The Role of Isometric Exercises in Jumping and Landing Technique

Isometric exercise

Isometric exercises are exercises that involve contracting a muscle or group of muscles without changing the length of the muscle or joint angle. These exercises are typically done in a static position, holding the contraction for a set period of time, such as the landing position before the explosive plyometric phase.

Isometric exercises can be beneficial for reducing jumping and landing injury risks in several ways:

Strengthens Muscles

Isometric exercises can help strengthen the muscles involved in jumping and landing, such as the quadriceps, hamstrings, and glutes. Stronger muscles can better support and stabilize the joints during these movements, reducing the risk of injury.

Improves Stability

Isometric exercises can improve joint stability by strengthening the muscles that support the joints. This can help reduce the risk of landing in an unstable position or with poor mechanics.

Enhances Muscle Endurance

Isometric exercises can improve muscle endurance, which is important for maintaining proper form and technique during repetitive movements like jumping and landing.

Prevents Muscle Imbalances

Isometric exercises can help prevent muscle imbalances, which can increase the risk of injury during jumping and landing. By strengthening muscles evenly, isometric exercises can promote better overall muscle function.

Increases Body Awareness

Isometric exercises can improve body awareness and proprioception, which are important for maintaining proper alignment and control during jumping and landing.

It is important to complement isometric exercises with dynamic movements that simulate jumping and landing to improve overall coordination and neuromuscular control. Examples of isometric exercises that can help reduce jumping and landing injury risks include planks, wall sits, and static lunges.

Incorporating these exercises into a comprehensive training program that includes dynamic strengthening, flexibility, and plyometric exercises can help improve overall sports performance and reduce the risk of injury during jumping and landing activities.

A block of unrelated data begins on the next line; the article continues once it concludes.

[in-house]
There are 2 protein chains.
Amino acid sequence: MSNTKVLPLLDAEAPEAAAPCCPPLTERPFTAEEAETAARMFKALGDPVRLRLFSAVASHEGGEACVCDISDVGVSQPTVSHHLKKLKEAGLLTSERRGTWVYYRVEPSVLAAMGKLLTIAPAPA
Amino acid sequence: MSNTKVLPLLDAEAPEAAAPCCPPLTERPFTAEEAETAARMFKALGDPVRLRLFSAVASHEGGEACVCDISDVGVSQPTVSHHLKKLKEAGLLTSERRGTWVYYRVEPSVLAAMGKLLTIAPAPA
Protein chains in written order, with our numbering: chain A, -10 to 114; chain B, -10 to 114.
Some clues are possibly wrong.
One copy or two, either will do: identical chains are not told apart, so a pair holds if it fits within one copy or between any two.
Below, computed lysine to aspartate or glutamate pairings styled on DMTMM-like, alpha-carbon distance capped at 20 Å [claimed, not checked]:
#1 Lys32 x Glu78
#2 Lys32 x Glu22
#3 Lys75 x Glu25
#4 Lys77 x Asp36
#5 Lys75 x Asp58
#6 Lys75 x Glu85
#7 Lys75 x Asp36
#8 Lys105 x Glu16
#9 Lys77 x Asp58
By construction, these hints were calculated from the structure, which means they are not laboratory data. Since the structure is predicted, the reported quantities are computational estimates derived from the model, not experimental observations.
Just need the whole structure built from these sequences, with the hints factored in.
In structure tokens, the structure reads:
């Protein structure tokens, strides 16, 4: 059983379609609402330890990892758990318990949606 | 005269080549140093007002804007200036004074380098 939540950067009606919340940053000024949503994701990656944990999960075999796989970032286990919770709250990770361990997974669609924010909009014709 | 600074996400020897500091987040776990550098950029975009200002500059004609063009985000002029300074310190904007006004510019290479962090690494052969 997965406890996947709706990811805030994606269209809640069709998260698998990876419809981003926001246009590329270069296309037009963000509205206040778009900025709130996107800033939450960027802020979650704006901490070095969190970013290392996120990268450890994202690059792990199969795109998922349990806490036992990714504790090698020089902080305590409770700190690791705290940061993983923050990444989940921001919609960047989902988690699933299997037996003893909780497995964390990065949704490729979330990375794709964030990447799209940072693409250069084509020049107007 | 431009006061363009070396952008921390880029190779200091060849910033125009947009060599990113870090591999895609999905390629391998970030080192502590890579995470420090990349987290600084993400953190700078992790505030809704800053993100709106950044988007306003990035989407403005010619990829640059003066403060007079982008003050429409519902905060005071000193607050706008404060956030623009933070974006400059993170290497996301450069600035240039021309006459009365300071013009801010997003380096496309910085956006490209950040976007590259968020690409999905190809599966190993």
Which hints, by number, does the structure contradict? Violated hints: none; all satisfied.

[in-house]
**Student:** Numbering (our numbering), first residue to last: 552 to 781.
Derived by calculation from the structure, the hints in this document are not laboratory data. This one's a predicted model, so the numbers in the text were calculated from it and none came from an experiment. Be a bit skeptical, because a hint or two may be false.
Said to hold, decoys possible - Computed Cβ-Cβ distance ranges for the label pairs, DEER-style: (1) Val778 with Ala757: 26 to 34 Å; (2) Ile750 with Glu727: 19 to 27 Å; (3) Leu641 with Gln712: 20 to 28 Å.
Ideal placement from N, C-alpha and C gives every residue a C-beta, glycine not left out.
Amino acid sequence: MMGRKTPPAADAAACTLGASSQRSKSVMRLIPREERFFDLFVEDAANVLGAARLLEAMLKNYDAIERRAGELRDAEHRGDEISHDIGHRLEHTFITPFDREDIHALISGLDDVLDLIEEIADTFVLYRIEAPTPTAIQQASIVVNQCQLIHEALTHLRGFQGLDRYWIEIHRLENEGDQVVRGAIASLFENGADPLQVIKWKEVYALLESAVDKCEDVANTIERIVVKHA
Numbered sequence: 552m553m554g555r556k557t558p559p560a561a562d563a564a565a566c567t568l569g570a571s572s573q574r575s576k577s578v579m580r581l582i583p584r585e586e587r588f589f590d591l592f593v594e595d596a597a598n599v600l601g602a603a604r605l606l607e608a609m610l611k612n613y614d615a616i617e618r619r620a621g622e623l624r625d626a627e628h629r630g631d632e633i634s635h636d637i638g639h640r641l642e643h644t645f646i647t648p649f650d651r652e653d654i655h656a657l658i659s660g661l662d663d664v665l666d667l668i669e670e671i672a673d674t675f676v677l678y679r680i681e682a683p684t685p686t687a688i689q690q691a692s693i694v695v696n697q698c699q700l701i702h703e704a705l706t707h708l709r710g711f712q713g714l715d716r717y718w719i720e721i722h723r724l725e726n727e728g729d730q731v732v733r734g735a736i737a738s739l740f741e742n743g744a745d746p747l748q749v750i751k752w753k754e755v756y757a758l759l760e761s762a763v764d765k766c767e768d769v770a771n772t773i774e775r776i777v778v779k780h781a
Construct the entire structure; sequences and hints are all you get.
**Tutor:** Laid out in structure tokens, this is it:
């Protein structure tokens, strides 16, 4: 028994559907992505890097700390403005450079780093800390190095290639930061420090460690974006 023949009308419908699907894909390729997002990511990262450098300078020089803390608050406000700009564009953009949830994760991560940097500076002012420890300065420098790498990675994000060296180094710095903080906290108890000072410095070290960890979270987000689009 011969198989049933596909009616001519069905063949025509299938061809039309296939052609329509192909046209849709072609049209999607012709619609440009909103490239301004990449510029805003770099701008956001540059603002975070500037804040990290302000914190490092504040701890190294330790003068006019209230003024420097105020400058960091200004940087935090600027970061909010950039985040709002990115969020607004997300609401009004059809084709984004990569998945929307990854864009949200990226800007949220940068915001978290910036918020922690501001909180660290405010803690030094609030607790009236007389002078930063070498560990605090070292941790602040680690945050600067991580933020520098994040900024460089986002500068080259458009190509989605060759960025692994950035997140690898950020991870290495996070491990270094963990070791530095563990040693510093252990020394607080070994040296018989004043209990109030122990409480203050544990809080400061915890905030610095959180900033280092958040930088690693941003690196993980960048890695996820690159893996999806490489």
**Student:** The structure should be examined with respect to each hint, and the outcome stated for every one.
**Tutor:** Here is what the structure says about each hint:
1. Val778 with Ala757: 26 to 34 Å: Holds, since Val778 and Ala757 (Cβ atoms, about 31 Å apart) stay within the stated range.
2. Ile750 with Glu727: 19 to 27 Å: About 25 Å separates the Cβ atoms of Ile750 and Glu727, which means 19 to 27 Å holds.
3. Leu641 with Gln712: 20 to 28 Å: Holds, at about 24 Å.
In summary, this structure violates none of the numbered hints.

Exercises to Improve Jumping and Landing Technique Mechanics

Jumping landing exercises

There are several bodyweight exercises that can help improve jumping and landing mechanics, ultimately leading to better technique and reduced risk of injury. Here are some of the best exercises to learn perfect technique. However, do not neglect your pre-workout warm up routine.

1. Squat Jumps

Start in a squat position and explode upward into a jump, focusing on landing softly with proper mechanics.

2. Lateral Jumps

Jump laterally from side to side, focusing on pushing off and landing with proper knee and hip alignment.

3. Box Jump

Jump onto a box or platform, focusing on landing softly with knees bent and absorbing the impact.

4. Depth Drops

Step off a box or platform, then immediately jump upward upon landing, focusing on quick and controlled movements.

5. Depth Jumps

Step off a box or platform, then immediately jump onto another higher box or platform.

6. Drop Jumps

Step off a box or platform and immediately follow the landing with a horizontal or a vertical jump. This exercise is used to improve lower body power and explosiveness.

7. Single-Leg Squats

Perform squats on one leg to improve strength, balance, and stability.

8. Lunges

Perform forward, backward, and lateral lunges to improve leg strength and control.

9. Plyometric Push-Ups

Perform explosive push-ups that require a quick and controlled landing.

10. Medicine Ball Throws

Throw a medicine ball against a wall or to a partner, focusing on explosive movements and proper landing mechanics.

11. Balance Exercises

Incorporate balance exercises, such as standing on one leg or using a balance board, to improve stability and control.

12. Core Exercises

Strengthening the core muscles can improve overall stability and control during jumping and landing.

When working on jumping landing mechanics, it's important to start with lower-intensity exercises and fewer reps. Gradually progress to more challenging ones and more repetitions as your technique improves.

Focus on quality over quantity, and always prioritize proper form to prevent injuries.

Working with a qualified fitness trainer or coach can also help ensure you're performing the exercises correctly and safely.


Improving your jumping and landing mechanics can have a significant impact on your athletic performance and overall fitness level. By focusing on proper technique, strengthening key muscle groups, and practicing regularly, you can enhance your agility, power, and control.

Whether you're aiming to jump higher, run faster, or simply looking to move more efficiently in your daily life, mastering these skills is a valuable investment in your short-term athleticism and your long-term health.